". . . little shall I grace my cause

In speaking for myself. Yet, by your gracious patience,

I will a round unvarnish'd tale deliver . . ."

(William Shakespeare's Othello, I.iii.88-90)

Wednesday, October 10, 2012


One of my Facebook friends recently posted a slightly different version of this poem on her wall. The words are often attributed to Mother Theresa, but according to this source they are probably based on something by another writer called "The Paradoxical Commandments."

People are often unreasonable, irrational and self-centered. Forgive them anyway.

If you are kind, people may accuse you of selfish, ulterior motives. Be kind anyway.

If you are successful, you will win some unfaithful friends and some genuine enemies. Succeed anyway.

If you are honest and sincere, people may deceive you. Be honest and sincere anyway.

What you spend years creating others could destroy overnight. Create anyway.

If you find serenity and happiness, some may be jealous. Be happy anyway.

The good you do today will often be forgotten. Do good anyway.
Give the best you have, and it will never be enough. Give your best anyway.
In the final analysis, it is between you and God. It was never between you and them anyway.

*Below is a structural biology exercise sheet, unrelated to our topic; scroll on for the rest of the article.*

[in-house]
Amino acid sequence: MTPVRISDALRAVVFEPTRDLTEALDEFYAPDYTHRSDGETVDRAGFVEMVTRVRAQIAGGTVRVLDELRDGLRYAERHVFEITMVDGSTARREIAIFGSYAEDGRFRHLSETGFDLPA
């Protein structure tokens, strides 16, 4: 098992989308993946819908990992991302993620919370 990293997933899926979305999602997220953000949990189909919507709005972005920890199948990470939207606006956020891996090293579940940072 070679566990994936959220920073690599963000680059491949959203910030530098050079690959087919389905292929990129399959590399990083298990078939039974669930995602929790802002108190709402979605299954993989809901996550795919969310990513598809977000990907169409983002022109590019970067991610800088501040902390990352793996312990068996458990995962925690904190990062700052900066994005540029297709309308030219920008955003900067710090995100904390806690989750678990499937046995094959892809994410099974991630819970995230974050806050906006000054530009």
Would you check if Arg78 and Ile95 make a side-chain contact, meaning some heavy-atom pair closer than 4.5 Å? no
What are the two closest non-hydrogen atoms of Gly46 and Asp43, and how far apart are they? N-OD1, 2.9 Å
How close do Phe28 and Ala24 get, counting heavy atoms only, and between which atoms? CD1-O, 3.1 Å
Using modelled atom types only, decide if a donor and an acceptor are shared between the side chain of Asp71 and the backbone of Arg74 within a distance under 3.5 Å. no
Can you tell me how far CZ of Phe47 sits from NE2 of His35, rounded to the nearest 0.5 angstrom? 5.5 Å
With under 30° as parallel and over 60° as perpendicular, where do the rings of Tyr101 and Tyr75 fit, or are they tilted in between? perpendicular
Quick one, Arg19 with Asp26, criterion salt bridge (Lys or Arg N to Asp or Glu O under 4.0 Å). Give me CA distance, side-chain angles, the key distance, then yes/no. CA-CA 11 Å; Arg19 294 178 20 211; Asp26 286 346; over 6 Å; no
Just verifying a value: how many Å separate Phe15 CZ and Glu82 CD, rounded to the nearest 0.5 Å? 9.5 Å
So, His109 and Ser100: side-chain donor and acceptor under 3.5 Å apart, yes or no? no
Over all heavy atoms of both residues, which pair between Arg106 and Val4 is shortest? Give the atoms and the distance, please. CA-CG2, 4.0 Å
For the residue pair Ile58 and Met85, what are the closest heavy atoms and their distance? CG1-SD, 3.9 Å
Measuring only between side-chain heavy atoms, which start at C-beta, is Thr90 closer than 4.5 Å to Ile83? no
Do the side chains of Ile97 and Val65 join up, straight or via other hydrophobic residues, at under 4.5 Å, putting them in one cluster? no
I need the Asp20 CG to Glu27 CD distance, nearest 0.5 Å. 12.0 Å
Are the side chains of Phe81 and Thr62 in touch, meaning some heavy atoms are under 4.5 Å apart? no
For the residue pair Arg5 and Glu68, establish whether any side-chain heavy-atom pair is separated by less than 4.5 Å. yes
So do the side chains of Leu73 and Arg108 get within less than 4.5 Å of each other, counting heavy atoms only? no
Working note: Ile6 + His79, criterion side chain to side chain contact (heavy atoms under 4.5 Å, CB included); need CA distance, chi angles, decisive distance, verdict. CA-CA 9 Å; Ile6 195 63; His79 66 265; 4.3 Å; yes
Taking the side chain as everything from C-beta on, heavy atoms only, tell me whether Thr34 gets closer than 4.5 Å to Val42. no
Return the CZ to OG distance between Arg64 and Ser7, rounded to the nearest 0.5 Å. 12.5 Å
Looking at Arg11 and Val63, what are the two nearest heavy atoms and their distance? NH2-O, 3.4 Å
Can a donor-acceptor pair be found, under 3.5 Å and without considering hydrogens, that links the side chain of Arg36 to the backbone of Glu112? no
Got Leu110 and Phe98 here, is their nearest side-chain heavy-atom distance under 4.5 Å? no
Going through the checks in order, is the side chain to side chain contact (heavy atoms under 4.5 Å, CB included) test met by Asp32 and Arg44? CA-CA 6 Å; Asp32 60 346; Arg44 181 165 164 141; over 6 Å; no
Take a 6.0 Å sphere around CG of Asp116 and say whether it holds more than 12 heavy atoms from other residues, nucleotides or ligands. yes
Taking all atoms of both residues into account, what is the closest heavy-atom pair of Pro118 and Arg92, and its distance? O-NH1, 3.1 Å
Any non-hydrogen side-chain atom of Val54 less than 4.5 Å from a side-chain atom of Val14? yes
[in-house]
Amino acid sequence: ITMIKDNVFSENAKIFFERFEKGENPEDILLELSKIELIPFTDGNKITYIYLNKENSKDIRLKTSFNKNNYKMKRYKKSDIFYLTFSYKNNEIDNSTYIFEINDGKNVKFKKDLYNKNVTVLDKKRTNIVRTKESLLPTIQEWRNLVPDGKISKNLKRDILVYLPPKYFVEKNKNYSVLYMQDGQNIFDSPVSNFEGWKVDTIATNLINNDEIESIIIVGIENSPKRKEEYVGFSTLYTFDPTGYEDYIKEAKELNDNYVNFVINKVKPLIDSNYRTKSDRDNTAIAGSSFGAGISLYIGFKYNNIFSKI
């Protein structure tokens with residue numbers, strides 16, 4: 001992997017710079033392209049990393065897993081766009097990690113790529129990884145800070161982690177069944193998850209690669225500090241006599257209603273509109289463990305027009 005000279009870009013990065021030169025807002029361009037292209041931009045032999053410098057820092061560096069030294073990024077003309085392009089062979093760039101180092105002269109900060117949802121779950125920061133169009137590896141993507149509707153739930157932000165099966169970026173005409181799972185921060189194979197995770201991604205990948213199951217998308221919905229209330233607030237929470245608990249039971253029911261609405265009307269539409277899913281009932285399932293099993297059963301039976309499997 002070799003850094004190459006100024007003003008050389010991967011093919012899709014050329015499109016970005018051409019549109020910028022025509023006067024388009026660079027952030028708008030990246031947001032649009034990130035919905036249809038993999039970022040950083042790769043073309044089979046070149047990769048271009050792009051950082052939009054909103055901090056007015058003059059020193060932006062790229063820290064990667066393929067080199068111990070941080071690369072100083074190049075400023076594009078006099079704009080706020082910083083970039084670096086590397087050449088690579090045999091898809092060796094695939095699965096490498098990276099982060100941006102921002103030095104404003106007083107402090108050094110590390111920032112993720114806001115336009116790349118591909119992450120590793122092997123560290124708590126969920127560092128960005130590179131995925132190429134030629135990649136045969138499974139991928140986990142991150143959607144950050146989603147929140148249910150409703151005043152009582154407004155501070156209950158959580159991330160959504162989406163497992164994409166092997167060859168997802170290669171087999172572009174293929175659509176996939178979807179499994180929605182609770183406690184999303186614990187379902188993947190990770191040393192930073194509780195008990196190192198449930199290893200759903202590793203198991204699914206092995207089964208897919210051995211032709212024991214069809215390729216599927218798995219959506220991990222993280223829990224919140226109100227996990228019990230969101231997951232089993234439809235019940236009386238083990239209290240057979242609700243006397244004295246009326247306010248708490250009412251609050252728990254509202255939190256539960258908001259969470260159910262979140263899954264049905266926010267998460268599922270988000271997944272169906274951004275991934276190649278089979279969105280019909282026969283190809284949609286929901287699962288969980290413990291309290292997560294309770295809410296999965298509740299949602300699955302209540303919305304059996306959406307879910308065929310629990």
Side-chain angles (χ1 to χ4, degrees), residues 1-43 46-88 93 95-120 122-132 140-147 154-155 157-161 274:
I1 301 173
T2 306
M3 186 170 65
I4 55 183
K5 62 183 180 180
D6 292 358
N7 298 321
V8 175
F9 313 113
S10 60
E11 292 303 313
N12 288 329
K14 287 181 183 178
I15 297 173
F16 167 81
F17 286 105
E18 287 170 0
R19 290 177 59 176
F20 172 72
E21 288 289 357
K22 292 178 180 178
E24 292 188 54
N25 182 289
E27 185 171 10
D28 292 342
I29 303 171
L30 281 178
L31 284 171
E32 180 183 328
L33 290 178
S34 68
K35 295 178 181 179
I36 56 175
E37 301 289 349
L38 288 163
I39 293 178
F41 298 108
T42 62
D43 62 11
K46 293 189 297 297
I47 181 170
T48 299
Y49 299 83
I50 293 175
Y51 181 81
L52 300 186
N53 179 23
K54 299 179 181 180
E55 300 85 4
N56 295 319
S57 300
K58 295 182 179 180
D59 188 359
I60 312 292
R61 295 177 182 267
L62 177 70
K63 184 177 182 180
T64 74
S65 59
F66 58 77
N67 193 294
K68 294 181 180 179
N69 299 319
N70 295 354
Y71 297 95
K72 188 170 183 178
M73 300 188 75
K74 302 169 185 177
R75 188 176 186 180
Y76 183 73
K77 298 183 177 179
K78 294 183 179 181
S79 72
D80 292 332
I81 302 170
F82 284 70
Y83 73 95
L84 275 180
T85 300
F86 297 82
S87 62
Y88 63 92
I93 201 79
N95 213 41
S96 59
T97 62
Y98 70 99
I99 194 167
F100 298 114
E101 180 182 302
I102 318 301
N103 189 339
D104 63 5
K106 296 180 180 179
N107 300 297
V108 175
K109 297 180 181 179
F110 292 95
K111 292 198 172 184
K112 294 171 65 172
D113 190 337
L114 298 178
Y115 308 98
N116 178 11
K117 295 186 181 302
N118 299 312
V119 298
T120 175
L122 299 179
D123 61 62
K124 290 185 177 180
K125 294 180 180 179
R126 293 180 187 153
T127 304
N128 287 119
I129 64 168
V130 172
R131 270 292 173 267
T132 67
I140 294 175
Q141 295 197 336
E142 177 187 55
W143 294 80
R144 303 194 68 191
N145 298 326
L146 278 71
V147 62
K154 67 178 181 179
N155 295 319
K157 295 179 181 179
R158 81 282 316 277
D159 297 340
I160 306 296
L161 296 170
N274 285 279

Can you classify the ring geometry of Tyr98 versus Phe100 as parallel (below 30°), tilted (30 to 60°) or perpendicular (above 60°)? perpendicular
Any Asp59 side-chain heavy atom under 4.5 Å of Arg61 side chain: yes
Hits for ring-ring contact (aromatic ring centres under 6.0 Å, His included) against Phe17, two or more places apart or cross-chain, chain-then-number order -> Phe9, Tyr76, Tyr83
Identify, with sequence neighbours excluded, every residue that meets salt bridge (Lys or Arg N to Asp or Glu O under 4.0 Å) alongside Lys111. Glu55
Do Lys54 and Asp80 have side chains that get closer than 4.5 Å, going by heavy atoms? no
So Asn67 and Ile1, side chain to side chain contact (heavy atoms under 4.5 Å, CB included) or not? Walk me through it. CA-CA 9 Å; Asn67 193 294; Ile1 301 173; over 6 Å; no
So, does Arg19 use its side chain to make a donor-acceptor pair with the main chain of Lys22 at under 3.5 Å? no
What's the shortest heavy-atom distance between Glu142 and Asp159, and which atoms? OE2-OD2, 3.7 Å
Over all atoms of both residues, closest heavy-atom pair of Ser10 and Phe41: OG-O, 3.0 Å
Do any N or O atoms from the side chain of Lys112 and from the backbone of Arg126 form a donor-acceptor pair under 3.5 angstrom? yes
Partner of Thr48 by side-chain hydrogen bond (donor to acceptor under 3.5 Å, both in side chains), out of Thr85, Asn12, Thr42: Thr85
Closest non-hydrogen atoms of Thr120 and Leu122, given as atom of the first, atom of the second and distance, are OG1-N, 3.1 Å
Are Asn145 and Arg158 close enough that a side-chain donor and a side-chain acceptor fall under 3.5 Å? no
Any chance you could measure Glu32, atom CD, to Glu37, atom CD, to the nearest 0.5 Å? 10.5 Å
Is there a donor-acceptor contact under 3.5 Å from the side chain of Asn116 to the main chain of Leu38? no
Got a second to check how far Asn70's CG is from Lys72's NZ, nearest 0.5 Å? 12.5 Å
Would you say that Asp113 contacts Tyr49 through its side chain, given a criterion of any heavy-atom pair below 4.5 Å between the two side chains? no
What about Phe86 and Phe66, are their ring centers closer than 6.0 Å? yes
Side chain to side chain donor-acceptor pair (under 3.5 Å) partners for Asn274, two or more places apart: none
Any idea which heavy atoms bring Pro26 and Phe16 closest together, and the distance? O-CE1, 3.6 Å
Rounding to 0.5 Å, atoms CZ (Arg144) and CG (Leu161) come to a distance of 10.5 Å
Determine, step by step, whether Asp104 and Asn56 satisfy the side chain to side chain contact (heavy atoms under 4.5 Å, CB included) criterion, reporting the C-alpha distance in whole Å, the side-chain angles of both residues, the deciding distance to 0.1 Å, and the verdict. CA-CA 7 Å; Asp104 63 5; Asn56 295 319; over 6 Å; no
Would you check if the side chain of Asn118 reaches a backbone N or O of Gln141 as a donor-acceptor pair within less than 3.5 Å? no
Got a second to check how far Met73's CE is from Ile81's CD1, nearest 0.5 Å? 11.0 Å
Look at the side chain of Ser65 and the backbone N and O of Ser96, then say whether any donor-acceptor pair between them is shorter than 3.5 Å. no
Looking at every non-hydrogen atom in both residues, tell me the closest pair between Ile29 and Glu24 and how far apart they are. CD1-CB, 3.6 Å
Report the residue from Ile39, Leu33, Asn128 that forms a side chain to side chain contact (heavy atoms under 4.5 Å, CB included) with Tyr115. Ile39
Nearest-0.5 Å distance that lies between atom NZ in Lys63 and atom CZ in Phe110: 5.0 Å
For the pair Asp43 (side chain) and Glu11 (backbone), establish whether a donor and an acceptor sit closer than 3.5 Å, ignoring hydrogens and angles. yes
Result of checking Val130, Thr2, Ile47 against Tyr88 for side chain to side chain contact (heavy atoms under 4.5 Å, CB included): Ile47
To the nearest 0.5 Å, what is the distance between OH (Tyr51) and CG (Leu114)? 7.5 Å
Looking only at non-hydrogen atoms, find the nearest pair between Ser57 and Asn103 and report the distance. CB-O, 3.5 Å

When I first read this post on Facebook I found myself cheering. It sounds so simple. And I have so often seen what is described here: kindness and generosity perceived as selfish self-promoting; a person's honesty used against him; selfless acts quickly forgotten; someone's best effort pronounced as still not enough; the product of many years of work and sweat torn down, ignored or summarily set aside. The problem is that as beautiful as the poem's sentiment is, I can't follow it. I find it very difficult to forgive those who have hurt me or to not be discouraged when something I have worked hard to build or accomplish is disregarded or unappreciated. I want to be thanked when I have helped someone. I want to be appreciated when I have given my best. As I read these words, I again and again come face to face with my sinful condition. I find it impossible to do all the things the poem says I should do. And the reason is that I am not just the victim of the behaviors described in the poem; I am the perpetrator. I am not just the one of whom others are jealous; I am the jealous one. I am not just the one whose good deeds go unnoticed; I am the one who fails to notice the sacrifices of others. I am not only the builder; I am also the destroyer.

Thank goodness for the final line of the poem, which reminds us that while our relationships with others are dependent on sinful human beings, our relationship with God is dependent only on Him. While others let us down, He never does. He looks at us in all our unreasonable, self-centered, deceitful, destructive selfishness and He does what we are unable to do: He loves and forgives us anyway. And ultimately that is the only "anyway" that matters and the one to which we should all desperately cling.

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